The recipes are actual meals I prepared from what I kept in the pantry. Considering my nearest grocery store was thirty miles away, I kept a well-stocked and very diversified pantry.

What type of research did you have to do while writing your book?

Research? It has been an ongoing, daily learning experience for this one-time-city girl—the living part, that is. The cooking part I’ve done my entire life. The most ‘research’ I had to do was to actually measure ingredients! I’m a little-bit-of-this-and-more-of-that kind of cook.

How long did it take to write?

Now, this is hard to pin down. I could go back as far as my first experience as a NON-prepper, when I was a nineteen-year-old bride in Detroit. A big snow storm was predicted and we were all cautioned to stay off the streets once it started. Realizing I had very little food in the kitchen, I went grocery shopping to ensure that my new husband and I could obey and stay in for the few days it would take to clean up the roads.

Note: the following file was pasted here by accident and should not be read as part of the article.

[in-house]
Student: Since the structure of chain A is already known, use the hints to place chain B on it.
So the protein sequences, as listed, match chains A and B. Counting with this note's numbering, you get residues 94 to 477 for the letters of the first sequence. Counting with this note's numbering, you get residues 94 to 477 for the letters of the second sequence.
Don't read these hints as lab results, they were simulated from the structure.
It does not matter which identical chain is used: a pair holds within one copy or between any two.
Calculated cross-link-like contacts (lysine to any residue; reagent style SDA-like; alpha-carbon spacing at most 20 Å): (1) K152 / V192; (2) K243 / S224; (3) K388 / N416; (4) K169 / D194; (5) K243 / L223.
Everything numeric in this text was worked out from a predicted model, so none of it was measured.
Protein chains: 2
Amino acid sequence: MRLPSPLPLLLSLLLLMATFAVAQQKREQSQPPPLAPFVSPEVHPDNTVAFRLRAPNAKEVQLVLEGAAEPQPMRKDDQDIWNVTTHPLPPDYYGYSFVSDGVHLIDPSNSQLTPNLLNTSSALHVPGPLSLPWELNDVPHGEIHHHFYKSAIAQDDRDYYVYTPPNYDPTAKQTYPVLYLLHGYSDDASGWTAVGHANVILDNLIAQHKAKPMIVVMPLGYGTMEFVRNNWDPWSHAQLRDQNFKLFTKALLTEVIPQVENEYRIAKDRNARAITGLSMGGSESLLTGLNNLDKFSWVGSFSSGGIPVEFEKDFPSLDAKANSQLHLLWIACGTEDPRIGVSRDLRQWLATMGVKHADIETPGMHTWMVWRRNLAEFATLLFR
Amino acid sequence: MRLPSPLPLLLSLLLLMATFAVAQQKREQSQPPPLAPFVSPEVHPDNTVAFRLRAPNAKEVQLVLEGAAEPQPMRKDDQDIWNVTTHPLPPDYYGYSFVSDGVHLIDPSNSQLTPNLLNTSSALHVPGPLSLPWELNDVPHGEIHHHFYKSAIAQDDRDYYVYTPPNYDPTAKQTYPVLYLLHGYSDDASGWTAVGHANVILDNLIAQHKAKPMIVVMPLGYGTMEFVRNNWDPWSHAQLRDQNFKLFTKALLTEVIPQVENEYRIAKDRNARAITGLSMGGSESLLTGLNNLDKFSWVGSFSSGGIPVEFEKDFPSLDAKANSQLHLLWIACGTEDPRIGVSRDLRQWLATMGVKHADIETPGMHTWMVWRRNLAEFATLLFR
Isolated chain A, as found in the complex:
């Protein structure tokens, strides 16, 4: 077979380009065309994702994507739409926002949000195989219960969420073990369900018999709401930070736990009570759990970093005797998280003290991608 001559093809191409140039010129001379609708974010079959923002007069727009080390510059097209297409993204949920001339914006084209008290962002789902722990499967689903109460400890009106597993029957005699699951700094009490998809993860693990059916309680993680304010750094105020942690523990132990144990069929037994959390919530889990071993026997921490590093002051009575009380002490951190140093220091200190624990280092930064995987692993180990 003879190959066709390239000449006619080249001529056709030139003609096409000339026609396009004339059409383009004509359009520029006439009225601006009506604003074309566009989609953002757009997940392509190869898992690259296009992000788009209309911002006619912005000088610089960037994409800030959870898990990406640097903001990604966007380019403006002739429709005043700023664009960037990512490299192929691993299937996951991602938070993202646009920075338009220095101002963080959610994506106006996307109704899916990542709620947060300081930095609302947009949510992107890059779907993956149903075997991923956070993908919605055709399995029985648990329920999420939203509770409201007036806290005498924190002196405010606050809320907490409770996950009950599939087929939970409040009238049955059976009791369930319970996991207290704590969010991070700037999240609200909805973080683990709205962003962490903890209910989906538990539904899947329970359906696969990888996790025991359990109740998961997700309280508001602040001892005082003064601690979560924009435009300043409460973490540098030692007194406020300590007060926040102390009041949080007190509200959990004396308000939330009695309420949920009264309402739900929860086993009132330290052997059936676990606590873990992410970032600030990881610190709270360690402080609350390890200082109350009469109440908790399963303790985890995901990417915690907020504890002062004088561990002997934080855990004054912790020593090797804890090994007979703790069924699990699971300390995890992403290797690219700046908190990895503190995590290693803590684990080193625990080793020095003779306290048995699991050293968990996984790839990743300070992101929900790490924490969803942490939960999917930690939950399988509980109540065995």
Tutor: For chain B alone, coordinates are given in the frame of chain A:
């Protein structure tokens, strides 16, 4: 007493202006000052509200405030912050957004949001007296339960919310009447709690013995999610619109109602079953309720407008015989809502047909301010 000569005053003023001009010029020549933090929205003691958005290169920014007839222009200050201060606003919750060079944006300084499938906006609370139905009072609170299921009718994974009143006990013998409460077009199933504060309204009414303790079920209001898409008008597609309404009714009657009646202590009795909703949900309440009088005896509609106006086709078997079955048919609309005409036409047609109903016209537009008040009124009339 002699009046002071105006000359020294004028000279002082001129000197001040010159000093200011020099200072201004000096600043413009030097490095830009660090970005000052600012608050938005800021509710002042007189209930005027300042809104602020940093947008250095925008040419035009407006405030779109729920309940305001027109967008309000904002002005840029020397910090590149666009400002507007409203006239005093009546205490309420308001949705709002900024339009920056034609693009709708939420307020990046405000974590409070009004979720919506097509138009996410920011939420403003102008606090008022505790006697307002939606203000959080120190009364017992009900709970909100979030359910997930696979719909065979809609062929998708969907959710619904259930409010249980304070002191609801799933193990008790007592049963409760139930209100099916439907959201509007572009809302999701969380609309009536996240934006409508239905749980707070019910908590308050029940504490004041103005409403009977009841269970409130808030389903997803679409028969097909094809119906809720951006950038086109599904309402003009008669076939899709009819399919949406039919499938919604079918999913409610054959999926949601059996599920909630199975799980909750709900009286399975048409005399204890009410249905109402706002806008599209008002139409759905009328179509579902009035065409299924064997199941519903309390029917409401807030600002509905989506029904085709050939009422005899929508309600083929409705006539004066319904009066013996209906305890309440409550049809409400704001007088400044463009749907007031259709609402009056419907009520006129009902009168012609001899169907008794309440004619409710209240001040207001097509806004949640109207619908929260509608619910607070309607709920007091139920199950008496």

The stores were packed. It took me longer to check out than it did to shop. Right then it struck me that if I hadn’t or couldn’t get out, then or later, we wouldn’t have enough food—and it would be my fault. I vowed that would never happen.

That was the beginning of my prepper journey, and every day, every experience has added to my knowledge. It was that knowledge that I poured into this book, so I guess you could say it has taken me fifty years to write!

Every book, fiction and non-fiction, includes a message. What message do you hope my readers will take with them after reading your book?

This is easy. I firmly believe that we are all responsible for taking care of ourselves and our families. It is up to each one of us—not the government—to see to those needs, whether it’s having enough food to last through a snowstorm or enough lifesaving medication to get past a small paycheck.

Preppers do that by not relying on anyone outside their circle. A word of advice here: don’t talk about what you have, what you do, or where you are.

Can you tell us a little bit more about yourself?